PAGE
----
by David Fiedler
The sole pastor of a medium-size LCMS congregation can still hear the voice on the other end of the line. It was an attorney calling.
“Pastor,” said the attorney, “we’re settling the estate of a man who passed away in the spring. He was one of your members, and he left $450,000 to your congregation.”
Great news, right? It would seem so, but the pastor received the news with trepidation. He had encountered this sort of situation at a previous parish when an unexpected gift produced what he called the “most challenging time” of his ministry.
“Suddenly, competition sprang up about how the money was to be used,” he recalled. “One group wanted it for a new roof. Another thought it should be used by the school. Others believed it ought to go right into the bank. Real dissent and unhappiness arose out of what should have been a beautiful thing.”
The good news is that congregations can avoid many of these problems by having two things in place: a fund set up to receive estate gifts (even if there is no money in it to start) and a gift-acceptance policy that directs what will happen when such a gift is received.
These plans also can help encourage future generosity among members by giving them confidence that their gifts will be a true blessing to their congregation and will not be used by the devil to create larger problems.
The fund can be set up as an endowment, where only the income earned on the investment is spent each year. Separate sub-accounts can also be created for more specific ministry areas, such as the school, the youth program, building improvements and so on.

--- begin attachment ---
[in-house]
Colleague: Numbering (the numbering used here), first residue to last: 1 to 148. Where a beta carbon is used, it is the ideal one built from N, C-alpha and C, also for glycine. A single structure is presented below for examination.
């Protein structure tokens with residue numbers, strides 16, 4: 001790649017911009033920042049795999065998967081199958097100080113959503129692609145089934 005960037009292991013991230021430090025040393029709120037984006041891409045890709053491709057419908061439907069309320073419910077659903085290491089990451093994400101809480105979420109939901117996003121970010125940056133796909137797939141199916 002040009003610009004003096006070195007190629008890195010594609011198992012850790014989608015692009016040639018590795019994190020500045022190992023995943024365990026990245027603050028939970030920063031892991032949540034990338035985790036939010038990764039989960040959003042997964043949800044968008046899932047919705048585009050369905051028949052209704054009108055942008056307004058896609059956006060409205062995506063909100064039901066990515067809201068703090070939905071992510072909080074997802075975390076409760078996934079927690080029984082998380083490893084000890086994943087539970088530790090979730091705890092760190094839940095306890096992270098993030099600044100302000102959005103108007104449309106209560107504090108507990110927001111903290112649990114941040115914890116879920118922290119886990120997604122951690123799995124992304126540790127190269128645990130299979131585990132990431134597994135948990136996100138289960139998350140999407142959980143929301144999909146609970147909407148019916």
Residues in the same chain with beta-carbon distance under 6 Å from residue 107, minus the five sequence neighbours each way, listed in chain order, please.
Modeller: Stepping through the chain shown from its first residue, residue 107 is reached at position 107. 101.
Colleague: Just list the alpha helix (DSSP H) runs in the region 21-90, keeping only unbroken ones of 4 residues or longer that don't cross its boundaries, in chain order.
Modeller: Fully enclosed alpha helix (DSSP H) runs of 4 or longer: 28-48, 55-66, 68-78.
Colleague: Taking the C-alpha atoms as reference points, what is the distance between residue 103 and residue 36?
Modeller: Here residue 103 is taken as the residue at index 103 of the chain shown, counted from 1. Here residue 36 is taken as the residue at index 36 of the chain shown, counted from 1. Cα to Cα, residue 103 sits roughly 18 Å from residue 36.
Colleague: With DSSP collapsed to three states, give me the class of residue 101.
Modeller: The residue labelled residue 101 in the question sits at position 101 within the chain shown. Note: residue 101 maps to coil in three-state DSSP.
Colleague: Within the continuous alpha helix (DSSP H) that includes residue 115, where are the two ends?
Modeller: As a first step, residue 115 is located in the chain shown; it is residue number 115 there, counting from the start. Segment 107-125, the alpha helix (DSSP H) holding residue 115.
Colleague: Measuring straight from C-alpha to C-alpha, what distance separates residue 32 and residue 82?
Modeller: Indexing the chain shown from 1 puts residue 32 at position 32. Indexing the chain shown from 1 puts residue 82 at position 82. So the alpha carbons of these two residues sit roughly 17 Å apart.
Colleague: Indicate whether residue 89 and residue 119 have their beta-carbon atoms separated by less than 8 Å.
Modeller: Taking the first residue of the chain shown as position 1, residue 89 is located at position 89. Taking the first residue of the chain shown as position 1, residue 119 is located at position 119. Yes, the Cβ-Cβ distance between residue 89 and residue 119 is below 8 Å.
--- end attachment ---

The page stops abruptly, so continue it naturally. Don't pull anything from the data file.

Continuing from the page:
The accompanying gift-acceptance policy complements the church’s endowment fund. It governs what happens when an estate gift or other large contribution is received that is not otherwise directed to some area of ministry. It ensures that the gift is applied according to parameters already established in the fund’s governing documents. This helps prevent competition and conflict as to how it is used, minimizing dissent and keeping the Lord’s work and the congregation’s existing priorities at the forefront.
David Fiedler is president of the LCMS Foundation.
LCMS Foundation provides resources, expertise to help
The LCMS Foundation can provide the resources and expertise to help your congregation implement an effective plan to receive bequests and other estate gifts from members. The Foundation also can manage these funds on your behalf according to your time frame for use and your level of risk tolerance.
Please contact Ralph Simon for more information on the LCMS Foundation’s investment management services. Or contact Allen Helms regarding Christian planned-giving programs that can be used to help the members of your church make the very best gifts to family and ministry.
Ralph Simon: Congregational Funds — 314-996-1056 or Ralph.Simon@lfnd.org
Allen Helms: Gift Planning — 314-996-1684 or Allen.Helms@lfnd.org
Learn more about the LCMS Foundation, its many services and its impact on ministry by visiting its new, redesigned website: LCMSFoundation.org.